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As the mineral cools, the crystal structure begins to form and diffusion of isotopes is less easy.

The temperature at which this happens is known as the closure temperature or blocking temperature and is specific to a particular material and isotopic system.

These temperatures are experimentally determined in the lab by artificially resetting sample minerals using a high-temperature furnace.

For most radioactive nuclides, the half-life depends solely on nuclear properties and is essentially a constant.

It is not affected by external factors such as temperature, pressure, chemical environment, or presence of a magnetic or electric field.

All ordinary matter is made up of combinations of chemical elements, each with its own atomic number, indicating the number of protons in the atomic nucleus.

Additionally, elements may exist in different isotopes, with each isotope of an element differing in the number of neutrons in the nucleus.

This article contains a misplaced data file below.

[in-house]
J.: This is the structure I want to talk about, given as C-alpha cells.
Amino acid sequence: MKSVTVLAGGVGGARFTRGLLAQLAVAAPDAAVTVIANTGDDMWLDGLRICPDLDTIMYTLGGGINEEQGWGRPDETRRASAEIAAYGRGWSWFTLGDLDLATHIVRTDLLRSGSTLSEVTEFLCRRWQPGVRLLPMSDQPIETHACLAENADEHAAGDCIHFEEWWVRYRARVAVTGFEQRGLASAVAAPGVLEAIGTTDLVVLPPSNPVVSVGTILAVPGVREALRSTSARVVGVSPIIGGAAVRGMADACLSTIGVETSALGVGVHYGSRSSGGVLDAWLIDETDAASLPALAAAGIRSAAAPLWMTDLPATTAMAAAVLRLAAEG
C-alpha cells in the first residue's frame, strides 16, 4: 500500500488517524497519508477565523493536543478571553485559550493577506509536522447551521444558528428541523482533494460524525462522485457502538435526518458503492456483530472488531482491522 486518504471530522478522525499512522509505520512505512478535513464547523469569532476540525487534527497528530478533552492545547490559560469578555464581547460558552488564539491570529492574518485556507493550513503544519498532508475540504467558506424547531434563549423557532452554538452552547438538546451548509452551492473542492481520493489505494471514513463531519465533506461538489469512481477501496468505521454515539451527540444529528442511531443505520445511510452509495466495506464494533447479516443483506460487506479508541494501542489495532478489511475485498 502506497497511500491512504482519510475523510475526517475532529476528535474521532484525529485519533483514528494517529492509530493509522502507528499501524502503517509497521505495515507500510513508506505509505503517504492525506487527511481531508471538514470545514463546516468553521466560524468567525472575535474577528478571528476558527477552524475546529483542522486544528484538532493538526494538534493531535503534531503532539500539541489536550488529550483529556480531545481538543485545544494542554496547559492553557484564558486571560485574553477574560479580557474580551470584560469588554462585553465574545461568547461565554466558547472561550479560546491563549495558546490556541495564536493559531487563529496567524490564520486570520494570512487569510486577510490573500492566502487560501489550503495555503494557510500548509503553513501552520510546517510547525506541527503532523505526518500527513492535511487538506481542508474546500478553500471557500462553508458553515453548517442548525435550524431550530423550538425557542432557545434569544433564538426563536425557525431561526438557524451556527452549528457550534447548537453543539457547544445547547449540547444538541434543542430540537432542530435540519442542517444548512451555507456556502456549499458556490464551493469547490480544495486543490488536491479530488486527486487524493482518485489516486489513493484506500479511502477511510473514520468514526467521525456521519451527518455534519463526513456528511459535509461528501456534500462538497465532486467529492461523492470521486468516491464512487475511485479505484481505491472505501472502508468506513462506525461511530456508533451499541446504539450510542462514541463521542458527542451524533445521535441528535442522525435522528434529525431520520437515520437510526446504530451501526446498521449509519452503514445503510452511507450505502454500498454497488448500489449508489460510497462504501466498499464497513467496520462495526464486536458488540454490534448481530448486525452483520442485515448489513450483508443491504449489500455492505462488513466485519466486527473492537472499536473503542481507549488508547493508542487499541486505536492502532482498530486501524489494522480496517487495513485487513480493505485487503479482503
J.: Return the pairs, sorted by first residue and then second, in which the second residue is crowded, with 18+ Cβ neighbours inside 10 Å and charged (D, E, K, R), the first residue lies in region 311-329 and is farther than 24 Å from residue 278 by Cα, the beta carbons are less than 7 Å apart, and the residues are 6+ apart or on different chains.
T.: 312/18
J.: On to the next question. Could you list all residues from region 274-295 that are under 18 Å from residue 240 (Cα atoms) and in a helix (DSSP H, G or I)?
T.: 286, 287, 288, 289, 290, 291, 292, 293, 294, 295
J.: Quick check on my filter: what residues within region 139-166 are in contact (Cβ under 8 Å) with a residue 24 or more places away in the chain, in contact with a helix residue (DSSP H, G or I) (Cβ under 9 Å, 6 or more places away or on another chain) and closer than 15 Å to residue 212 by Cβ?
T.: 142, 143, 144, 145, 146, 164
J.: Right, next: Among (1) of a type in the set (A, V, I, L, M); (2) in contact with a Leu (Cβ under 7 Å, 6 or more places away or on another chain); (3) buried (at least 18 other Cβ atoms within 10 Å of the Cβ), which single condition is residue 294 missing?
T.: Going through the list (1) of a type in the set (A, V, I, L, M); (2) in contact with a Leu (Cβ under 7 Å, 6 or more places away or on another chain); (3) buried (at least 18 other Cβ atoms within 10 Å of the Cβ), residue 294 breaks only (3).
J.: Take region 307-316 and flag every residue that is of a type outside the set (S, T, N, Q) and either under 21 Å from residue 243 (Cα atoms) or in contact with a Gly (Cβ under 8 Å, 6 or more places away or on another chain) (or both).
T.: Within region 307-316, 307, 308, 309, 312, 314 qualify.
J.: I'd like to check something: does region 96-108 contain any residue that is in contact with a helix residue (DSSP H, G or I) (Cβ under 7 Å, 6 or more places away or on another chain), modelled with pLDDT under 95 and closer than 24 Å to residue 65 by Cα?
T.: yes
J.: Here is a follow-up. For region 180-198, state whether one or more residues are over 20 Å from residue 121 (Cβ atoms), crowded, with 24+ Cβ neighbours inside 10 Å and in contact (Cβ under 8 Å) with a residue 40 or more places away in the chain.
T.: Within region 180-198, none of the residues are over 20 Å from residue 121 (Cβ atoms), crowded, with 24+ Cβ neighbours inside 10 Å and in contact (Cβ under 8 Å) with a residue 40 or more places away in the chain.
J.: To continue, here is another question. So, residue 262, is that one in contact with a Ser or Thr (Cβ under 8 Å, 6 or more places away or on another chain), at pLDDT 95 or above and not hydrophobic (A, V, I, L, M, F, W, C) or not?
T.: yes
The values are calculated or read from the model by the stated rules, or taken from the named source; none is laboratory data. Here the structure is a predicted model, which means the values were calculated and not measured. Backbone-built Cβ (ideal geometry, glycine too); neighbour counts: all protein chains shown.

Finally, correlation between different isotopic dating methods may be required to confirm the age of a sample.

For example, the age of the Amitsoq gneisses from western Greenland was determined to be Accurate radiometric dating generally requires that the parent has a long enough half-life that it will be present in significant amounts at the time of measurement (except as described below under "Dating with short-lived extinct radionuclides"), the half-life of the parent is accurately known, and enough of the daughter product is produced to be accurately measured and distinguished from the initial amount of the daughter present in the material.

This predictability allows the relative abundances of related nuclides to be used as a clock to measure the time from the incorporation of the original nuclides into a material to the present.

The basic equation of radiometric dating requires that neither the parent nuclide nor the daughter product can enter or leave the material after its formation.

Another possibility is spontaneous fission into two or more nuclides.